1. Upon receiving criticism, don’t react! You may unconsciously roll your eyes, sigh, or make an excuse. Do your best to remain completely neutral when given negative feedback.
  2. Think of the intentions of your reviewer. Despite the frustration that being criticized by those who aren’t fully informed on your profession, take the time to understand that it comes from a place of well-meaning.
  3. Listen. Repeat back what the person is saying. “You think that if I included more shots of students in my application intro, it would make it more entertaining. Is that correct?” 
  4. Express your gratitude. Remember, saying thanks does not mean you agree. It means you appreciate their input.
  5. Ask questions to make sure you understand their concerns.
  6. Take some time. I had to take three days before I could fully appreciate the feedback given to me by my student. That’s okay! It is not easy to be critiqued, but we can learn from the overall experience.

►►►I will give students a controlled environment to offer criticism.

Students have valuable suggestions for your curriculum and classroom environment, but sometimes they express these suggestions in inadvertently offensive ways. They’re trying to help, but sometimes it can come across harshly. Thrown out comments like, “This book sucks!” or “These assignments are a waste of time!” are coming from a place of improvement, but their delivery needs polish. Offering students the opportunity to give helpful feedback in a controlled format ensures that you will be getting the kind of criticism you can handle, while allowing them to express their feelings about your classroom.

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I have created this Google Form document for your use as a suggested model for a student evaluation. Questions on this form take inspiration from Elena Aguilar’s article that is referenced later in this blog. This form utilizes the Likert Scale which students are probably familiar with from other survey-types of forms. This is a quick way to get some across-the-board data about students’ classroom experience. Additionally, the form also has some short answer questions where students can give ideas for your next class. It’s important to let students who are willing to write out suggestions have the chance to do so in an accountable format. One of the ways that I keep this particular evaluation form accountable to the student is by having them include their first and last name.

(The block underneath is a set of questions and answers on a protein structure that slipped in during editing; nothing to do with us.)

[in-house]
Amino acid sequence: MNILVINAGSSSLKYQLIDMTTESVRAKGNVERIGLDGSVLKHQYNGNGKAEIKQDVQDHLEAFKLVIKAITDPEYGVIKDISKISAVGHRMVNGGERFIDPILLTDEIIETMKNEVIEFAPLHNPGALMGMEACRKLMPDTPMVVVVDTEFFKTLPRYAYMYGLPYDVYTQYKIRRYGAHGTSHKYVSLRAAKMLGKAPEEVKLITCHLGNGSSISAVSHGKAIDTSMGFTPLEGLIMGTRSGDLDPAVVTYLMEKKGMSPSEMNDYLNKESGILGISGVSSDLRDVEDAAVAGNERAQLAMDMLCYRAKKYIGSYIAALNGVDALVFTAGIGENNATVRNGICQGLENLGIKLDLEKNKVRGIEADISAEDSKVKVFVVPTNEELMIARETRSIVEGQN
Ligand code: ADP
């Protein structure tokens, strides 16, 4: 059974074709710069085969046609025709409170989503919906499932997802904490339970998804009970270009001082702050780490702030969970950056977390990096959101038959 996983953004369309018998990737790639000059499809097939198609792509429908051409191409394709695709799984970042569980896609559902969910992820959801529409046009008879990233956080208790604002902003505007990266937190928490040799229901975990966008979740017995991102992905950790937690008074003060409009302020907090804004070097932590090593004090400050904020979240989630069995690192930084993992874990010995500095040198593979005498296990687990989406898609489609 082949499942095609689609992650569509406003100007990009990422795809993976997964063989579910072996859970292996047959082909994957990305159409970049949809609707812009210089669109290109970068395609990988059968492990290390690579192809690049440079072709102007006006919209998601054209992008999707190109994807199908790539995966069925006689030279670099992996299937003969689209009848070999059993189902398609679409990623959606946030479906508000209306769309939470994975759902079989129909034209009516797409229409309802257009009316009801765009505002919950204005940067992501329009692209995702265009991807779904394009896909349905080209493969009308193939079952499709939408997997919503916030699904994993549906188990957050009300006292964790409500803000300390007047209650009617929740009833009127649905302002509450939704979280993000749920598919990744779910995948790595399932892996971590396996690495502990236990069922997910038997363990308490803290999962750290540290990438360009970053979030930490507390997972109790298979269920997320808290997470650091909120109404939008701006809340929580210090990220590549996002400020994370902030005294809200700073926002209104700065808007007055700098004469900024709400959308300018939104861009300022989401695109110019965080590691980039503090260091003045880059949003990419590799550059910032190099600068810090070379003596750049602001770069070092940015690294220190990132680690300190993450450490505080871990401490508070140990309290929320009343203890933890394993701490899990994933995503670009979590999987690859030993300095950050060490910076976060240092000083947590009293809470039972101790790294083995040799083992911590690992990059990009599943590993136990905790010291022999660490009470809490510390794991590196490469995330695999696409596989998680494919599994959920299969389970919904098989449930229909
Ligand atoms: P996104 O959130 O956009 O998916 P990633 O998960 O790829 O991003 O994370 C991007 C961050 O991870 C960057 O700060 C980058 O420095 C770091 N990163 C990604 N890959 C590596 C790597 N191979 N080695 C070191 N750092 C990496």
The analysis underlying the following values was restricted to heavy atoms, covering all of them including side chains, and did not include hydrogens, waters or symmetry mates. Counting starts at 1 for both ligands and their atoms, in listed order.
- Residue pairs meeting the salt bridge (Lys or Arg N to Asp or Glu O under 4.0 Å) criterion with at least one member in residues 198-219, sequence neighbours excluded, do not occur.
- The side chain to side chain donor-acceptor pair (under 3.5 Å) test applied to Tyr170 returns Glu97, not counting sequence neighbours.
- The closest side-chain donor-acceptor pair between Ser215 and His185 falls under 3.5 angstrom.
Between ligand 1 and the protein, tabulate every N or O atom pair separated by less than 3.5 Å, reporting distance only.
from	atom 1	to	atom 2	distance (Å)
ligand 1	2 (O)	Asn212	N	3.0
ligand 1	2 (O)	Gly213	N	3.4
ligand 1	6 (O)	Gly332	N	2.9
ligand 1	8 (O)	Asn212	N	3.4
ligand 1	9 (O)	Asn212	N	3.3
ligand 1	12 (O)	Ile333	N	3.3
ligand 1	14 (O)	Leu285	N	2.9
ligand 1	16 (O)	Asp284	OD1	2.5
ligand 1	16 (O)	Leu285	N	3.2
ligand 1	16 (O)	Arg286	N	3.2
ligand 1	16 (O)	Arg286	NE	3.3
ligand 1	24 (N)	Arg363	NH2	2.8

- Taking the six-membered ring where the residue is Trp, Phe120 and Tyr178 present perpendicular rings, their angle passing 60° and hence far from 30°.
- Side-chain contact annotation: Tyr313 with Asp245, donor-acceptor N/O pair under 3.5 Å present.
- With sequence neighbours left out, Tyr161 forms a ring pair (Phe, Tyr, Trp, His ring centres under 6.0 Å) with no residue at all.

While I understand the reasoning behind anonymity for feedback in a variety of scenarios, I don’t believe that anonymity mimics most career experiences. When students begin their lifelong occupations, be they college-bound or not, anonymity will most likely not be an option when they are offering constructive criticism to coworkers. If students have concerns or critiques of my classroom experience, I want them to phrase it politely and with the knowledge that I will attribute their words back to them. However, my classes will have a conversation preceding this Google Form where I talk about my own integrity as a teacher and the understanding that negative criticism is not something that affects my opinion of them--as long as it’s worded respectfully. 

Elena Aguilar says it best in her article for Edutopia called “How to Foster Student Feedback” when she states: 

I need to know what you think about this class and my teaching this year. Your ideas and feelings are really important to me. [...] However, I’d also like to ask you to be responsible for how you say things.

While Aguilar advocates for anonymous surveys, I think both of our sentiments are adequately proven with her well worded statement. 

I want to have an honest and open dialogue with my students. I want them to know that I take their opinions seriously and that I respect their views. Hopefully, the improvements that I am making on how I receive and ask for constructive criticism will convey my belief that my students are one of my best resources for improving my teaching. By following the quick 6-step guide to reacting to constructive criticism and remembering to give my students outlets to express their views such as the Google Form student evaluation, I can use their feedback to make my classroom the ideal place to be. 

If you have any questions, please feel free to email me at andreamarshbank@gmail.com. You can also find me on Twitter at @msmarshbank, Instagram at @amarshybank, and Linked In at Andrea Marshbank